Water is one of the most mesmerizing things for children from an early age. The feel, sound, and movement of water often can calm any child. Children love every interaction they have with water, from sipping it in a cup for the first time, to learning to swim. One of the best parts about raising children in Canada is the abundance of majestic, clean lakes. We have over three million lakes in this country, our freshwater lakes account for almost 9% of Canada’s area. Add to that over 200,000 km of ocean coastline and it’s not surprising that most of the quintessential Canadian experiences involve water.
While we often take them for granted, children always appreciate all aspects of camping and cottages. Some of my favourite childhood memories are of summers up in Georgian Bay. My children love going to the lake. My baby’s face turns to sheer joy from simply splashing his little feet around in water. My daughter is learning to swim, and loves doggy paddling around in her life jacket with cousins. They get to experience a carefree childhood up here, with more freedom than a city can offer, and more chances to appreciate nature. Our wilderness turns children into little explorers, searching for toads, wading through rocky water, watching loons, and unsuccessfully attempting to catch fish with nets.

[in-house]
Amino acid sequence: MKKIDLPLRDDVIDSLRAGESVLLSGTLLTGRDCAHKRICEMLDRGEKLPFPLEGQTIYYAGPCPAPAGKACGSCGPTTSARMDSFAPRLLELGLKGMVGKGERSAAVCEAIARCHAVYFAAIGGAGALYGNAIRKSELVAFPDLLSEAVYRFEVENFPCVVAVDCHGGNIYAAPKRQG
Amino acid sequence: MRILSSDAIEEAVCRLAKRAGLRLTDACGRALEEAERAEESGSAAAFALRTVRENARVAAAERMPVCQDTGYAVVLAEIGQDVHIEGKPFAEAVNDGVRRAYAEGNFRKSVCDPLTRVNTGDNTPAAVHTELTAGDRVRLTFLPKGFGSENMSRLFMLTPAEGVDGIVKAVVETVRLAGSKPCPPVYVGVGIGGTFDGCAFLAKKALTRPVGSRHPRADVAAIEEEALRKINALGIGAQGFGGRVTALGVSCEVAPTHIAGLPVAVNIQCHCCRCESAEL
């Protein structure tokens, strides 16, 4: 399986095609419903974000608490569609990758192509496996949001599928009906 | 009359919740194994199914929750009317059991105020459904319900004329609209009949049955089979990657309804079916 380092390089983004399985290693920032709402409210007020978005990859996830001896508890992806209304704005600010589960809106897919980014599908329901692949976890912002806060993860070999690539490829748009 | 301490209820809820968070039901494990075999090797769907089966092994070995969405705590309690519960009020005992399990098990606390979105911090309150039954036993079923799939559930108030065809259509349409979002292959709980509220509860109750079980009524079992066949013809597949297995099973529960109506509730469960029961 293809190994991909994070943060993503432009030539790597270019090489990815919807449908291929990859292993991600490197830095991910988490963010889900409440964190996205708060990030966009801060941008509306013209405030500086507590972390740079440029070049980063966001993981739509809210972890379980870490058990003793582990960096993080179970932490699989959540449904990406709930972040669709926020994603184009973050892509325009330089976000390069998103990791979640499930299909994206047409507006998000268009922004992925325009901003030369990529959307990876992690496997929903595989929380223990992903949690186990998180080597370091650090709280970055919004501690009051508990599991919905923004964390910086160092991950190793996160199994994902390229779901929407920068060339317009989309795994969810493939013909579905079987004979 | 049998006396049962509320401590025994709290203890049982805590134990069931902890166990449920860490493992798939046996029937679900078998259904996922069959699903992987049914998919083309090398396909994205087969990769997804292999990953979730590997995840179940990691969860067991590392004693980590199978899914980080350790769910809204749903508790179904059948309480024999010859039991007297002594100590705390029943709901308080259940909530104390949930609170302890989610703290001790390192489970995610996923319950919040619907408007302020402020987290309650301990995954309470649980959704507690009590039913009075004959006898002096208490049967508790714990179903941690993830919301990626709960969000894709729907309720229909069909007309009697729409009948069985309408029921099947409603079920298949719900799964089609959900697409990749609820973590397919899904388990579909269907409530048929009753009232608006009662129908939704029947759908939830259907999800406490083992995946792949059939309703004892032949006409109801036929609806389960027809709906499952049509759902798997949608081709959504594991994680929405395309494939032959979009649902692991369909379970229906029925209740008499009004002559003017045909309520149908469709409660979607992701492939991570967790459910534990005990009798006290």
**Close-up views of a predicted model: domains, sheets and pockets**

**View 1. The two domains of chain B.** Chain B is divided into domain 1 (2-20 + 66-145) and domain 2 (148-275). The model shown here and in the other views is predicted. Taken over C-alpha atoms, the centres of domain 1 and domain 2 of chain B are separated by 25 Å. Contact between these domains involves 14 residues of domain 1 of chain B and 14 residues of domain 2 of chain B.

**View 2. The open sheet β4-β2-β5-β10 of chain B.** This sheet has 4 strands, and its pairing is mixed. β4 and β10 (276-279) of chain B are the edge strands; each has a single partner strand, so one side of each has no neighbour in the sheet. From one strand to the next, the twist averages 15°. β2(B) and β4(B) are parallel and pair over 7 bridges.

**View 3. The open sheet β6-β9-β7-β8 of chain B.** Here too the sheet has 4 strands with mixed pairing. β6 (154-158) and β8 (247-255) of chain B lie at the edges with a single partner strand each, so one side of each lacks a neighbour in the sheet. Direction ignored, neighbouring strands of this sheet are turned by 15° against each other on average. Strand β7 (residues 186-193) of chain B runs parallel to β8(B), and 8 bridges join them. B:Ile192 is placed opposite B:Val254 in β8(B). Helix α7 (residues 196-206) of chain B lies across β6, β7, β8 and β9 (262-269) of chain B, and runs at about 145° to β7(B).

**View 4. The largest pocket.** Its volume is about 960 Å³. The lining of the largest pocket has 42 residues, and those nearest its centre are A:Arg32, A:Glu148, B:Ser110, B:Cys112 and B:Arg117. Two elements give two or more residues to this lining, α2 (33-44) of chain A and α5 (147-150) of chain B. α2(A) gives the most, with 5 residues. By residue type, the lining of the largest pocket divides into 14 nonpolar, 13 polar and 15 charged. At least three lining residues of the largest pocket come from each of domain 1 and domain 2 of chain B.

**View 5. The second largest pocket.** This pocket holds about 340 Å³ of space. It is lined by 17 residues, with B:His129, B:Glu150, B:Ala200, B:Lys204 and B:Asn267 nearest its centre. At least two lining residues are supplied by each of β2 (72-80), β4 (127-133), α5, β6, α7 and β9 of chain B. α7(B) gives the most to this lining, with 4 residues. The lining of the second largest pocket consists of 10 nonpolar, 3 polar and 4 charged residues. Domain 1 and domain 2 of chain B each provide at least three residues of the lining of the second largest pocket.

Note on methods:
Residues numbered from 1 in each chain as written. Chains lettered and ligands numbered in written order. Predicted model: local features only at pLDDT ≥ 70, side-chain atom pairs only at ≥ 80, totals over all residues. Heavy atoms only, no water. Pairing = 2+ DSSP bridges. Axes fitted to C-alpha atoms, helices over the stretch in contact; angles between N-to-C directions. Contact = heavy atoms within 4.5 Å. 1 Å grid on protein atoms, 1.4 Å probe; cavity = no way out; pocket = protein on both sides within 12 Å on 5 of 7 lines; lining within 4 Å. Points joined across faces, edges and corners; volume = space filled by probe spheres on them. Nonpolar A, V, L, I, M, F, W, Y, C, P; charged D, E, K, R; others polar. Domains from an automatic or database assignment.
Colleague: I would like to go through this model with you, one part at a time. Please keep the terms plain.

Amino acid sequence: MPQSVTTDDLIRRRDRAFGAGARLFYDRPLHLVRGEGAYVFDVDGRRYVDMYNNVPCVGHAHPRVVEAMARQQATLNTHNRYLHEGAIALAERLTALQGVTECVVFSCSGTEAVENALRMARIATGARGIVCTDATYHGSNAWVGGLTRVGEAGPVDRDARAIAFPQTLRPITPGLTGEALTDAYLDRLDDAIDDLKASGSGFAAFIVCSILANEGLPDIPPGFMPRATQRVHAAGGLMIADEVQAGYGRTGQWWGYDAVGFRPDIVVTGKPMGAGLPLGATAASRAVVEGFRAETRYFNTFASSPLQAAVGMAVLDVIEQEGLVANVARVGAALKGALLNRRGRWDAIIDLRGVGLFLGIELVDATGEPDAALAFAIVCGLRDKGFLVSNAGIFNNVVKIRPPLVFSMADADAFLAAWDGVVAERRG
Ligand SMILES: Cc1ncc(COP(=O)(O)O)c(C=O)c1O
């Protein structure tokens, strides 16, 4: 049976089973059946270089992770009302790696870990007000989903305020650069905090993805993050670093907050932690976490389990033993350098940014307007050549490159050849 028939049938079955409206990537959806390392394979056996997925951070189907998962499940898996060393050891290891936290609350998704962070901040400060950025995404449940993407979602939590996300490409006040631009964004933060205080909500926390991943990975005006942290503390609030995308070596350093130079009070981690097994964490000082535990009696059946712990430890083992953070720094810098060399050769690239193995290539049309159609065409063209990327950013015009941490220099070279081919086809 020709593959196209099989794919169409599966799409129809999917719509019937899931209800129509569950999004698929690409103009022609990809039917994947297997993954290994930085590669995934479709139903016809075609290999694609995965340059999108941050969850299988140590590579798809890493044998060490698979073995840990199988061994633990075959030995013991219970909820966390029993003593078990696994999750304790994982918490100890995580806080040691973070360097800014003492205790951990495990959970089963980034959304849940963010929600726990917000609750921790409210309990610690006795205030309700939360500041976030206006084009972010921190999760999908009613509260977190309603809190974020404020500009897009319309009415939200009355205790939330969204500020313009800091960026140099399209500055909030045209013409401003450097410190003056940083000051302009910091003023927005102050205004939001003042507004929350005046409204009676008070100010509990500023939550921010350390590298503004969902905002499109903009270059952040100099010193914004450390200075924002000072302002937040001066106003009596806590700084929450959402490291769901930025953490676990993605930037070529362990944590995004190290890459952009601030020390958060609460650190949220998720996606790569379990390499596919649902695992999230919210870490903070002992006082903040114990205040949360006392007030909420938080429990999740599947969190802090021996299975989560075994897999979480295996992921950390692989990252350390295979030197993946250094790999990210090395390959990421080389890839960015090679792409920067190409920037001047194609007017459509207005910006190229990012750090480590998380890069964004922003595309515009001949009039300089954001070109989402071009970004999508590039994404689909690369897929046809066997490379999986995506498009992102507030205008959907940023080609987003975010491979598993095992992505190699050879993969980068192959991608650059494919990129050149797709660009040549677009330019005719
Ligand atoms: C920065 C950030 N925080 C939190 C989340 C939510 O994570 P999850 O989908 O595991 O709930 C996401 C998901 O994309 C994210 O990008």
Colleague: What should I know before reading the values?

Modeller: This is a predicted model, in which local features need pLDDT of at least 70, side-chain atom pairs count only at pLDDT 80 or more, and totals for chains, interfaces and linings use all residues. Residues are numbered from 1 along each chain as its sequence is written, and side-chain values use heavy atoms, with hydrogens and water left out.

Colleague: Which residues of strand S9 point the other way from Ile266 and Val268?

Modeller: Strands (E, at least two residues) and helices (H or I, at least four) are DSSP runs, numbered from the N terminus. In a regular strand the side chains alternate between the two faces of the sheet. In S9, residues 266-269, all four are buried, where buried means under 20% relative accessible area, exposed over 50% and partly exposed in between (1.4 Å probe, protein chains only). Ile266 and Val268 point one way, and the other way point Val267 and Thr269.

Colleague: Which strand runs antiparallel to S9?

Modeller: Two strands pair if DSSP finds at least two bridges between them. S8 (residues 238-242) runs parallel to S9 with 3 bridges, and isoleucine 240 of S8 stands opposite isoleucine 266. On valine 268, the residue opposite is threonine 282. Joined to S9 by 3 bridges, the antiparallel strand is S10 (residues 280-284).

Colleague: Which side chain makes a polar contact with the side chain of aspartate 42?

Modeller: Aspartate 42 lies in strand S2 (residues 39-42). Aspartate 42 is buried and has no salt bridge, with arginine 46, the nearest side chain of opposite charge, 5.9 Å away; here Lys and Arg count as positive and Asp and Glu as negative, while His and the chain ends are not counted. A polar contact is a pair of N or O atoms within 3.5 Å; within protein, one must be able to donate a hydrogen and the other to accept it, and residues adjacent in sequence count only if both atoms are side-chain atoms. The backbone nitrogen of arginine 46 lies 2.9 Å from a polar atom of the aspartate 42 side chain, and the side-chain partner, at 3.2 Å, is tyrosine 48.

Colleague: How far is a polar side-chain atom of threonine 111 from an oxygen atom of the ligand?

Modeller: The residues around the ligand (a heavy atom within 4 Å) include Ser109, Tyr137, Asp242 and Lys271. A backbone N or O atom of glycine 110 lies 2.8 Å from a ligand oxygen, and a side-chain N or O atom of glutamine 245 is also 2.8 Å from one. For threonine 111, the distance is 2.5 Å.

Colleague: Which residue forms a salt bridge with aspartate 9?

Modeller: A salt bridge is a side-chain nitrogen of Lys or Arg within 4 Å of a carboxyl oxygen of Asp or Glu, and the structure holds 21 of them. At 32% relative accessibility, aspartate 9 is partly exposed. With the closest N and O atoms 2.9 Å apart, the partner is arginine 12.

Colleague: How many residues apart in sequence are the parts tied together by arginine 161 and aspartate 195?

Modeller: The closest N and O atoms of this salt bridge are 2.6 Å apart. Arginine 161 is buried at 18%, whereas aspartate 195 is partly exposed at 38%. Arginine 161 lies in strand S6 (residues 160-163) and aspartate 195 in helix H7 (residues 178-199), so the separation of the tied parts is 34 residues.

Of course one of the most important water activities with children is boats. My kids love boats, every kind of boats. Sailboat, canoe, kayak, paddleboat, or a motor boat, doesn’t matter to them. Through each boat ride both kids are always engrossed in the different ways boats feel and are propelled. My big kid loves paddling, the littler one loves just watching the water go by.
I am beyond grateful to be able to raise my kids in this country. I love the idyllic childhood our country can provide. There is nothing comparable. Though this blog focuses on clean drinking water, the most vital step in keeping our drinking water clean is to keep the source clean. I want my grandchildren to jump into the cool, clean water of a Canadian lake. I want them to learn to J-stroke in a canoe in a lake so full of healthy fish that they can watch them swim by. I want them to learn to swim in water that is clean enough to drink, because it’s inevitable they will. I want my children, and children’s children to look out on these lakes with the same awe I had as a child, and still have now.
Here are a few tips to help keep our lakes clean.